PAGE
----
The structure of “Virtual Witnessing: Seeing Caltech Science” is to have twelve researchers—scholars of art history, visual culture, and the history of science—pursuing their own projects on the history of Caltech’s engagements with the visual, some within science and some beyond. Research will be supported by the historical collections of the Caltech Archives, and by investigation of the image collections held by laboratories and other research groups across campus. Depending on individual contributor’s projects, research will also likely extend to off-campus sites of Caltech science, including the Jet Propulsion Laboratory and Palomar Observatory.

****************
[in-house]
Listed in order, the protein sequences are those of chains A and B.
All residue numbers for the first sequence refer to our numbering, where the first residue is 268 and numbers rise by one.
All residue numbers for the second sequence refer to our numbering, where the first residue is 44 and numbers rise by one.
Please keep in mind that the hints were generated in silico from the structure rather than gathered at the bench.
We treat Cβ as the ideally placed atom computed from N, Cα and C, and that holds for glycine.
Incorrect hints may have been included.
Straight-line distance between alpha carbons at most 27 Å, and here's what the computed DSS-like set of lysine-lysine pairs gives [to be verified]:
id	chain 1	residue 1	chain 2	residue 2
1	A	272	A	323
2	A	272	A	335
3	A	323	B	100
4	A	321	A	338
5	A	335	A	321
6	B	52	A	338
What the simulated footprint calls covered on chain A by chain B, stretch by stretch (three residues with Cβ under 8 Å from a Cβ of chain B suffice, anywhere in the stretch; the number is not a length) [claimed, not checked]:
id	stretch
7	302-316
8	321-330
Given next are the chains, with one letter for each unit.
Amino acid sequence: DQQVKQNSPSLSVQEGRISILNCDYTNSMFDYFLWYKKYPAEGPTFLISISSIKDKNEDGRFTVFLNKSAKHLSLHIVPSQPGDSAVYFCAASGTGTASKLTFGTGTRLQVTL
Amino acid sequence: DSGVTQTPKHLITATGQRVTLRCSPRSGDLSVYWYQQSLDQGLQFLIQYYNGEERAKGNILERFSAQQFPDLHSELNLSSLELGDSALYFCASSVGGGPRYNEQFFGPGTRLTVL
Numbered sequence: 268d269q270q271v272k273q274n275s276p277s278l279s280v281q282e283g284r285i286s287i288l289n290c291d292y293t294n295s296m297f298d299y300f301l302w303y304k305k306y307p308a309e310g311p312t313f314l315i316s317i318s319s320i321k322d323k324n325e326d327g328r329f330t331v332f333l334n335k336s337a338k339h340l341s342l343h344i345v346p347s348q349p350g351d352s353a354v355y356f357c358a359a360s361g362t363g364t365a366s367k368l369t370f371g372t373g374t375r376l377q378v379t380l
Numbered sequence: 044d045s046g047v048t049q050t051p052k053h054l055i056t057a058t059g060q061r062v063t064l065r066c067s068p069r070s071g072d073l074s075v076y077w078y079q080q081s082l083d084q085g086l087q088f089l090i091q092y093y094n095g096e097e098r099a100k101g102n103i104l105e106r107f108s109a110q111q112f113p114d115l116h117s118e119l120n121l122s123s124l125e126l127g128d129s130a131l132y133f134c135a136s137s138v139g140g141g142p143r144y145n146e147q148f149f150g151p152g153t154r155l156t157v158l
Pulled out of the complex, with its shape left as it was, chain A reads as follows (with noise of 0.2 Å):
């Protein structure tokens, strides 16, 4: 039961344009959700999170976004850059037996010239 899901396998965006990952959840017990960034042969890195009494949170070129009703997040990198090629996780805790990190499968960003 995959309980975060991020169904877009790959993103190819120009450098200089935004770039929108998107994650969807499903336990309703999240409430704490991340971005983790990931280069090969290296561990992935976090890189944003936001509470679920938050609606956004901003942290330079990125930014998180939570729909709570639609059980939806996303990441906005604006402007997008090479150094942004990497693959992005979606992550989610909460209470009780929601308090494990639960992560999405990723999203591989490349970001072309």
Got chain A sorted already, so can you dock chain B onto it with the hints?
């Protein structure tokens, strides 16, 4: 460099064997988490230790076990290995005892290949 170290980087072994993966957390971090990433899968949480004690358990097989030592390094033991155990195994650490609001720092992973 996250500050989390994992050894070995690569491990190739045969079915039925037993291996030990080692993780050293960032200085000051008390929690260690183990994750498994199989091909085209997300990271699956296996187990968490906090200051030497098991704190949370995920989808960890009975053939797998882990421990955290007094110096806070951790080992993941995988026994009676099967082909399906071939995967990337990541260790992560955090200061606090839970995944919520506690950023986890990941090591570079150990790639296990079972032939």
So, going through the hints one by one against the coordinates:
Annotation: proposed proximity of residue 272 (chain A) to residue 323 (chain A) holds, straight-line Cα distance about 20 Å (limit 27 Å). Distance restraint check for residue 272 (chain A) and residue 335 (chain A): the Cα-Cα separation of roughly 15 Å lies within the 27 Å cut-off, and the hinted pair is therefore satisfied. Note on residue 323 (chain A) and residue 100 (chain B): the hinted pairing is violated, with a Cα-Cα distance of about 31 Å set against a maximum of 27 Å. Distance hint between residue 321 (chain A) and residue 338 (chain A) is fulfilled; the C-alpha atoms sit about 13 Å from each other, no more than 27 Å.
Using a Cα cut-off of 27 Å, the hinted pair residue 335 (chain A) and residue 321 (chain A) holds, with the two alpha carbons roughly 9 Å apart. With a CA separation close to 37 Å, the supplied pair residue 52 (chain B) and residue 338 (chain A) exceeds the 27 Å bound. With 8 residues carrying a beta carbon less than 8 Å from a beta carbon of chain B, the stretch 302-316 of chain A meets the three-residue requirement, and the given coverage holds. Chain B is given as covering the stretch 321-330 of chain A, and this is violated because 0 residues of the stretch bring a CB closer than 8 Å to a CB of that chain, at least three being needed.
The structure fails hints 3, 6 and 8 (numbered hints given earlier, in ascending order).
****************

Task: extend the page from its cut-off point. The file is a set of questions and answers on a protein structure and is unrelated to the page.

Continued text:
Claudia Bohn-Spector, the curator for “Virtual Witnessing,” notes that “images are often considered a by-product of science when they are really constituting science.” She hopes the project will illuminate how these visual objects originate in and move beyond Southern California—not just the images themselves, but also “unique ways of collaborating with other makers in the cultural field.”  Her work will draw from these contributions to produce a synthetic exhibition on Caltech’s visual culture.